In December, Lucius N. Littauer 78 gave Harvard $2 million to build an entirely now Graduate School, that of Public Administration, and the University responded quickly and energetically. Within a year, a special committee on university education for public service had reported solidly in favor of the venture and provided detailed plans for its enactment.
As the Class of 1938's sophomore year drew to a close, History of Science was added to the University's 25 fields of concentration. Another event in the academic world: its foremost Shakespearean scholar, George Lyman Kittredge '82, resigned from the University's faculty after several decades as Gurney Professor of English Literature. Alfred North While head, distinguished philosopher and teacher, followed Kittredge into retirement at the end of the term.
The next fall was perhaps Harvard's most exciting since the closing days of World War 1. The Tercentenary celebration took up three days--51 colleges sent representatives and 15-000 people descended on Cambridge to take part in the festivities.
The Crimson lost to Yale again--but scored against Princeton for the first time since 1920 and the prebreach days, tying that year's game at 1 points apiece.
Attack on Tutoring Schools
The CRIMSON launched an attach against the private tutoring services parasitically lodged around the Square; and with this move it inaugurated a campaign which all the College's organizations and publications maintained jointly for over three years, until the tutoring schools were finally forced to close down.
Undergraduates cooked up another campaign that year--for the official formation of the Ivy League. Along with the six other Ivy student newspapers, the CRIMSON ran a front-page editorial arguing that no other measure would preserve amateurism in college football. The seven college athletic directors agreed to meet on the problem, but there was little immediate progress except for the addition of Penn-Harvard game to the existing inter-Ivy contests.
As the school year waned, 11500 students attended a hoax lecture on birth control. But the term wasn't over yet--there was still the riot.
And quite a show it was. Early in the evening, a seemingly innocuous water fight along Plympton St. drew together a few stragglers; by 11.30 p.m. a good-sized crowd had gathered. Another twenty minutes gave the disturbance time to swell to major proportions--by midnight 2500 students had gathered in the Square.
After the mob had crippled three trolley cars by disconnecting the power lines, the police moved in. They used tear gas--a tactic unprecedented and not to be repeated for over twenty years. But the patrolmen's efforts failed. About 1500 students fought their way up to Radcliffe, where they milled around yelling and hooting for most of the night.
Senior year was calmer. The CRIMSON editorialized against serving rum punch to freshmen and began a short-lived "Uncle Smugley Says" column. Wolff's Tutoring School rolled busily on and actress Joan Bennet, on a visit to Boston, recommended movie careers to a charmed circle of Harvardmen.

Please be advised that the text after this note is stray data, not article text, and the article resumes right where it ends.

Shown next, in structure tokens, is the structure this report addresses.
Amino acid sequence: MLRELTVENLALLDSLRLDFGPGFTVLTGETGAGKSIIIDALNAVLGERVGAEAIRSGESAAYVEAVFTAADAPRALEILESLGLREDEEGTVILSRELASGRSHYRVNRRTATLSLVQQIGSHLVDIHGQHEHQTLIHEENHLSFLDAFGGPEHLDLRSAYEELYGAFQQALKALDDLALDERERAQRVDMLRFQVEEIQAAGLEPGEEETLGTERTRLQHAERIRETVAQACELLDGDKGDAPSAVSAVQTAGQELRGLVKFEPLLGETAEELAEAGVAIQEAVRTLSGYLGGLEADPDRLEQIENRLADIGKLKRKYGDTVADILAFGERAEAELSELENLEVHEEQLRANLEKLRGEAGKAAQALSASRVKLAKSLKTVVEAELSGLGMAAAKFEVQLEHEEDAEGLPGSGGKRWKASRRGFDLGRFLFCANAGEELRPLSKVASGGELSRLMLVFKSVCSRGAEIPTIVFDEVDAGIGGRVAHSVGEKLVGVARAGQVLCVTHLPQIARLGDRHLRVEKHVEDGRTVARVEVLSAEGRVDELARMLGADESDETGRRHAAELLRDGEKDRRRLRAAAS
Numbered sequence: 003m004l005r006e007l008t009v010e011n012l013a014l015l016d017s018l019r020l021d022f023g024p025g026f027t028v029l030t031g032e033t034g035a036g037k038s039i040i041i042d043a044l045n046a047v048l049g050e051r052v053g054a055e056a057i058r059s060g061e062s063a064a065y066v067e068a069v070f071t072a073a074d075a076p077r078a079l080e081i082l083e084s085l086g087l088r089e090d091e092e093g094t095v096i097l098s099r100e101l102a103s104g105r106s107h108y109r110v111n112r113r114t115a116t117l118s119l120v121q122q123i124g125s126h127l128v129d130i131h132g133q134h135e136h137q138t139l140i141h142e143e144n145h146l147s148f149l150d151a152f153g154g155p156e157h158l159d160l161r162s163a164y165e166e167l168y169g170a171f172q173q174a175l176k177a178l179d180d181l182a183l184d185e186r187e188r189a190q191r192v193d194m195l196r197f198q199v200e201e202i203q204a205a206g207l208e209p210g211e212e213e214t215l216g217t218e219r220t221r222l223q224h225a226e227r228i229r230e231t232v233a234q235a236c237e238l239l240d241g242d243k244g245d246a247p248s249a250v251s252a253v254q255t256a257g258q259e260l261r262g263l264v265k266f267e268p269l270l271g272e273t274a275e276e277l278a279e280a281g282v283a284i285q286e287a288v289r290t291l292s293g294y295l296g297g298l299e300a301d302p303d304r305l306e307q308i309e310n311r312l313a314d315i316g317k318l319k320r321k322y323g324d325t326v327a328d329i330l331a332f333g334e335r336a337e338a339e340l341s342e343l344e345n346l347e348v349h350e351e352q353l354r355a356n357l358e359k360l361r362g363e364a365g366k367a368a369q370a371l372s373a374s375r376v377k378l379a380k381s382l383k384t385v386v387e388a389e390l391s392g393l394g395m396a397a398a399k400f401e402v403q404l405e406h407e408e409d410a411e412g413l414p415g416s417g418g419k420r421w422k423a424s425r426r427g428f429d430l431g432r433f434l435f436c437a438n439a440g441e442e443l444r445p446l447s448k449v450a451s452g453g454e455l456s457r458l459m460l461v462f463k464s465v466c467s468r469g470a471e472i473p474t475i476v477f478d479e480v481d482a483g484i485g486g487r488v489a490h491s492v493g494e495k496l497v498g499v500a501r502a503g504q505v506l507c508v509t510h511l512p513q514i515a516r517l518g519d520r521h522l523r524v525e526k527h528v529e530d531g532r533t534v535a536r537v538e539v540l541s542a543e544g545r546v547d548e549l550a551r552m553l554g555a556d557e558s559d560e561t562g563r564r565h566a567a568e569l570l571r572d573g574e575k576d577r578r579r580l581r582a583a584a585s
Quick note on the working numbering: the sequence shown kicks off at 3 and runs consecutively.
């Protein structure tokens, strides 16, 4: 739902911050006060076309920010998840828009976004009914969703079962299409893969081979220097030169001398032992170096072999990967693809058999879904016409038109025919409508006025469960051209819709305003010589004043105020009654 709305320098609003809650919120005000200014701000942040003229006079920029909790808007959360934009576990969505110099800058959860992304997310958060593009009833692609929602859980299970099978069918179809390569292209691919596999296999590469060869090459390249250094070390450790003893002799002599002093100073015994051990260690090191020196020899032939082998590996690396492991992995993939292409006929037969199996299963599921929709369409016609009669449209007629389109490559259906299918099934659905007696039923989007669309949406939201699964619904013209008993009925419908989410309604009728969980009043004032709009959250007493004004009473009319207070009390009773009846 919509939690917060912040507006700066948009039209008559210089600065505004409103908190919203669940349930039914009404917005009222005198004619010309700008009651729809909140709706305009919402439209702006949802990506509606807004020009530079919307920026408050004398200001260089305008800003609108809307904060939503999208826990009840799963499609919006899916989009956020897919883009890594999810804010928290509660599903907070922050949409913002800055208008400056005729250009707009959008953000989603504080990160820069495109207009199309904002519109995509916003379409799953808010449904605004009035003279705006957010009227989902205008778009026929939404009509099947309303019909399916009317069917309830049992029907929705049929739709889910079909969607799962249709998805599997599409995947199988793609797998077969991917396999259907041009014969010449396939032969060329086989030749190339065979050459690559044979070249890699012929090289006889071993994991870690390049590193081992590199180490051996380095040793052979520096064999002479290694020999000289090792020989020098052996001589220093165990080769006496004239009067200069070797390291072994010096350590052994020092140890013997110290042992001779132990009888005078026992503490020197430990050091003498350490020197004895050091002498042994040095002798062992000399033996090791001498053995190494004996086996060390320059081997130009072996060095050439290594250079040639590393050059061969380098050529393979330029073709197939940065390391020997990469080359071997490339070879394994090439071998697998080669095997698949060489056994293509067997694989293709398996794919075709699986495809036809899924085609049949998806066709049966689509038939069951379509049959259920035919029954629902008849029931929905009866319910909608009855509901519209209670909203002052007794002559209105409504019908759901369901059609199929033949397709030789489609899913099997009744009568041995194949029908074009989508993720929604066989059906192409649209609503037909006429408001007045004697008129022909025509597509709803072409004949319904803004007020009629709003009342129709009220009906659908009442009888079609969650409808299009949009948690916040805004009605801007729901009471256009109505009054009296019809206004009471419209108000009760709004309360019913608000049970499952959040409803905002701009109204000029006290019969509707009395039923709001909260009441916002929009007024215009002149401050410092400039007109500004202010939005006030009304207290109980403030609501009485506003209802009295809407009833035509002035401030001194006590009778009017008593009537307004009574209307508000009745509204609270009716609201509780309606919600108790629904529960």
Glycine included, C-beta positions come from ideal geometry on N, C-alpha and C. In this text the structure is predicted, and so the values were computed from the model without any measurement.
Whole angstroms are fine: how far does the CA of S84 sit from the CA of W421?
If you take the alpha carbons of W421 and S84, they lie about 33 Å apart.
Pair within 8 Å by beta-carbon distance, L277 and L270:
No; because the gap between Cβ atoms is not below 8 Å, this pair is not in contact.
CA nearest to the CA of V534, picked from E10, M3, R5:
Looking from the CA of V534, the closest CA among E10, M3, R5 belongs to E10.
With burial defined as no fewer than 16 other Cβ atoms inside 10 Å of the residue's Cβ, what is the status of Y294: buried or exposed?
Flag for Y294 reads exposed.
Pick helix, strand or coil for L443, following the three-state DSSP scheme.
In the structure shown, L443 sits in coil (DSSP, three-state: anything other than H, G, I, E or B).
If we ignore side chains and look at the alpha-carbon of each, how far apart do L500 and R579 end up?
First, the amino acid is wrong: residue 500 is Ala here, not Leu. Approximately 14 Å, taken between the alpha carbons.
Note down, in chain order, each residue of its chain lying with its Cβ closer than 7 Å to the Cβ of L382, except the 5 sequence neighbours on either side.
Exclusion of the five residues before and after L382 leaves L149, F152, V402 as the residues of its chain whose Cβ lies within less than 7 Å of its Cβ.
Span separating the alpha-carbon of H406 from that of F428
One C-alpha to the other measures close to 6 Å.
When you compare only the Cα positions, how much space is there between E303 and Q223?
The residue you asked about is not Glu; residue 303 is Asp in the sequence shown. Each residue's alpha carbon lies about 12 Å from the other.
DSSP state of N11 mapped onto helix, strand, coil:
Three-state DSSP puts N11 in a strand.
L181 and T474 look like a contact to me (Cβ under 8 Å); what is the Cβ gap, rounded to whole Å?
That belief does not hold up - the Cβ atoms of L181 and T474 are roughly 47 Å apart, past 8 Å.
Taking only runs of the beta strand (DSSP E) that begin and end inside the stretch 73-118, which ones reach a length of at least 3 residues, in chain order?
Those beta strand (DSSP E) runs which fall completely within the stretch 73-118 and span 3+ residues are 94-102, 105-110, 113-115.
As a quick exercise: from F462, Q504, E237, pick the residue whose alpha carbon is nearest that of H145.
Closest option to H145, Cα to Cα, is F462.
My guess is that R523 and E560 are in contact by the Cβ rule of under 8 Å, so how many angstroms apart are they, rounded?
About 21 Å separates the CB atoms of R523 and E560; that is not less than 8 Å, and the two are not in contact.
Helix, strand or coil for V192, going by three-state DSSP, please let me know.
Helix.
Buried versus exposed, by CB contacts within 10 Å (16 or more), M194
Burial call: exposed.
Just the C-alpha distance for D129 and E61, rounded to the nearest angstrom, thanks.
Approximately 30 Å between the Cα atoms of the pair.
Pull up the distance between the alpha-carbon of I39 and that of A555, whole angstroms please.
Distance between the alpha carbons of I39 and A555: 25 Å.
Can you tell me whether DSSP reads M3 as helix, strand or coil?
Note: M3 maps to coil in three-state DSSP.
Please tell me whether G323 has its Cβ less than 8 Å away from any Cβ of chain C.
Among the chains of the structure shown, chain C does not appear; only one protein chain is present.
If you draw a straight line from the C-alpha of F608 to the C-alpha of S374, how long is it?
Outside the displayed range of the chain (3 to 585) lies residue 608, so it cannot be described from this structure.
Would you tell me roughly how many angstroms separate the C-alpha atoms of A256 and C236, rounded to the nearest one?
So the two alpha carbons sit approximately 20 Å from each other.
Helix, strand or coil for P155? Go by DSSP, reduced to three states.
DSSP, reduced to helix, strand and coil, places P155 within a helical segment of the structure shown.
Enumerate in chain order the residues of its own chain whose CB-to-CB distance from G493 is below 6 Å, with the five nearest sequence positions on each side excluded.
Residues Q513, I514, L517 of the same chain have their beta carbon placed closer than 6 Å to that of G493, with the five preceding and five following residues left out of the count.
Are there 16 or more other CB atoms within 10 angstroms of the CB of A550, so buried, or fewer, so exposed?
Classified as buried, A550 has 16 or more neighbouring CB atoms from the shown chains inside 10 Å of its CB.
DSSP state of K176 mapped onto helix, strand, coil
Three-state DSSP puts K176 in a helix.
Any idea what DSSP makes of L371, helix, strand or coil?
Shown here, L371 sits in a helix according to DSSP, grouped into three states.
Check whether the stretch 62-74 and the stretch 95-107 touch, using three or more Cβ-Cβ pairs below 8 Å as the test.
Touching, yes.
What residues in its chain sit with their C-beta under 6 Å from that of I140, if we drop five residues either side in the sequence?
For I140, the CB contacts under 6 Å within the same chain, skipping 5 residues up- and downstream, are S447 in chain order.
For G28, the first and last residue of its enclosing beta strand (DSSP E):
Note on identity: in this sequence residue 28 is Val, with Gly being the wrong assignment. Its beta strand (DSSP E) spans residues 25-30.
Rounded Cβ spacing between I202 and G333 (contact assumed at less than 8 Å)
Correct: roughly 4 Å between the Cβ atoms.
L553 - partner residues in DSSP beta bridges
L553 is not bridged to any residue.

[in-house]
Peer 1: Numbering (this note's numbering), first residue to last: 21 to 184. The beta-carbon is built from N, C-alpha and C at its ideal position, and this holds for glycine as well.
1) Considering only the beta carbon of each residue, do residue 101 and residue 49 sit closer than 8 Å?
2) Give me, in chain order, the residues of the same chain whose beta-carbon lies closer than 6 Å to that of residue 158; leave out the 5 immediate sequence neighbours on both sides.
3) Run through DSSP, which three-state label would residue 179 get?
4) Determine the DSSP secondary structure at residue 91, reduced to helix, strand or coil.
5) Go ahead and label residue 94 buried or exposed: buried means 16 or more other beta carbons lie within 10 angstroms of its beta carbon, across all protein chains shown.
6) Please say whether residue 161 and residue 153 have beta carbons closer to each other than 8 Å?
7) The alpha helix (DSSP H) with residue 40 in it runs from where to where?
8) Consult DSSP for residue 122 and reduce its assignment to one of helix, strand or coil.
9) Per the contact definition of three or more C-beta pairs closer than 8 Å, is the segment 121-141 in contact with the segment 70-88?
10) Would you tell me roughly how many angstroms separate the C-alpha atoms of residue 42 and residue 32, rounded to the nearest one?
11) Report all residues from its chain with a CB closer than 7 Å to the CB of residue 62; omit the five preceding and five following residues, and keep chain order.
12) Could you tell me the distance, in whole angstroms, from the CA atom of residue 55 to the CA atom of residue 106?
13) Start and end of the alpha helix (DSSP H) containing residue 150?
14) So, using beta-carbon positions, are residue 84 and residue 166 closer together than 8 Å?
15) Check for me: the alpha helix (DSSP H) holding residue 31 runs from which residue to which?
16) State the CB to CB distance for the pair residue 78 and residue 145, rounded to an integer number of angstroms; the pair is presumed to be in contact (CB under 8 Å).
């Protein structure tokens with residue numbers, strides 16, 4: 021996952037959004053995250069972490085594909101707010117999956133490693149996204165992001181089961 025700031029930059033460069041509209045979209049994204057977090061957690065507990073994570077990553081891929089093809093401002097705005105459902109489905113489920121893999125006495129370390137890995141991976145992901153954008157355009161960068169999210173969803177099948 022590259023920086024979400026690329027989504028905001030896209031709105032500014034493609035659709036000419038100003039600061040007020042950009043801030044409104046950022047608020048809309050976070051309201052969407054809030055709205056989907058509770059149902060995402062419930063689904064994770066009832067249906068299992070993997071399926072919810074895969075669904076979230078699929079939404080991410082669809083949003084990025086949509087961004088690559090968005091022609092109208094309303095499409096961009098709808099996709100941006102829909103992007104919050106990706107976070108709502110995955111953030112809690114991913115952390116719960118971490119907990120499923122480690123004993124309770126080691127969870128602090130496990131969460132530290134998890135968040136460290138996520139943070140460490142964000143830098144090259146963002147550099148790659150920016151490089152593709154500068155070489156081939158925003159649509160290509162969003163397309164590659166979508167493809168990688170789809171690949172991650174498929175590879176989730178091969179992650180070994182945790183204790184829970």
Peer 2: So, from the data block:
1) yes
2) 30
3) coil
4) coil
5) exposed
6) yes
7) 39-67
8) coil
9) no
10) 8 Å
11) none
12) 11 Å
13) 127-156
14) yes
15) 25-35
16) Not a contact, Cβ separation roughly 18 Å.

But if the academic year was calm, the athletic year was not. In their senior year the class of 1938 at last beat Princeton, 34-6, and--mirabile dictu-Dock Harlow's machine rallied past Yale in the snow and the rain, 13-6, When Frank Foley scored the tie-breaking touchdown.
Class Marshall that year were C. Russel Allen, Vernon H. Struck, and John L. Dampeer, Chairman for the Class Day Committee was Joseph P. Kennedy, Jr. Then, in June 1938, the Class collected their degrees, joined the fellowship of educated men and headed out into the world.
Thirty-eight conducted itself well in the war which began a few years later, and in the years which followed the war the class went on to carve a distinguished career in both public and private life. In public life some of its more notable figures include: Arthur M. Schlesinger, jr., Pulitzer Prize winning historian and Harvard professor, now Special Assistant to the President; Theodore White, reporter and Pulitizer Prize winning author (for The Making of the President--1960); John William King, Governor of New Hampshire, Richard Tregaskis, author of Guadacanal Diary and several novels and screenplays: and Nathaniel Bentley, novelist and New Yorker writer.
Some prominent educators from the class are: Francis Keppel, former Dean of the Harvard School of Education and now U.S. Commissioner of Education: Courtney Craig Smith, President of Swarthmore College and American Secretary of the Rhodes Scholarship Committee: F. Skiddy on Stade, Dean of Freshmen at Harvard: and Professors Benjamin Schwartz and Cedric Whitman, both at Harvard: and professors Benjamin Schwartz and Cedric Whitman, both at Harvard. There are also in the class 105 lawyers and judges, 68 physicians, one airplane pilot, and one railroad engineer.
In private life, members of the Class now have, collectively. 2215 children--991 female and 1,224 male, including 58 Harvard sons 58 members never married, and 55 have married, divorced, and remarried. Presently the great majority of the class are prosperously, happily engaged in some form of commerce or industry. In those depression years it had not always seemed that things would turn out so well.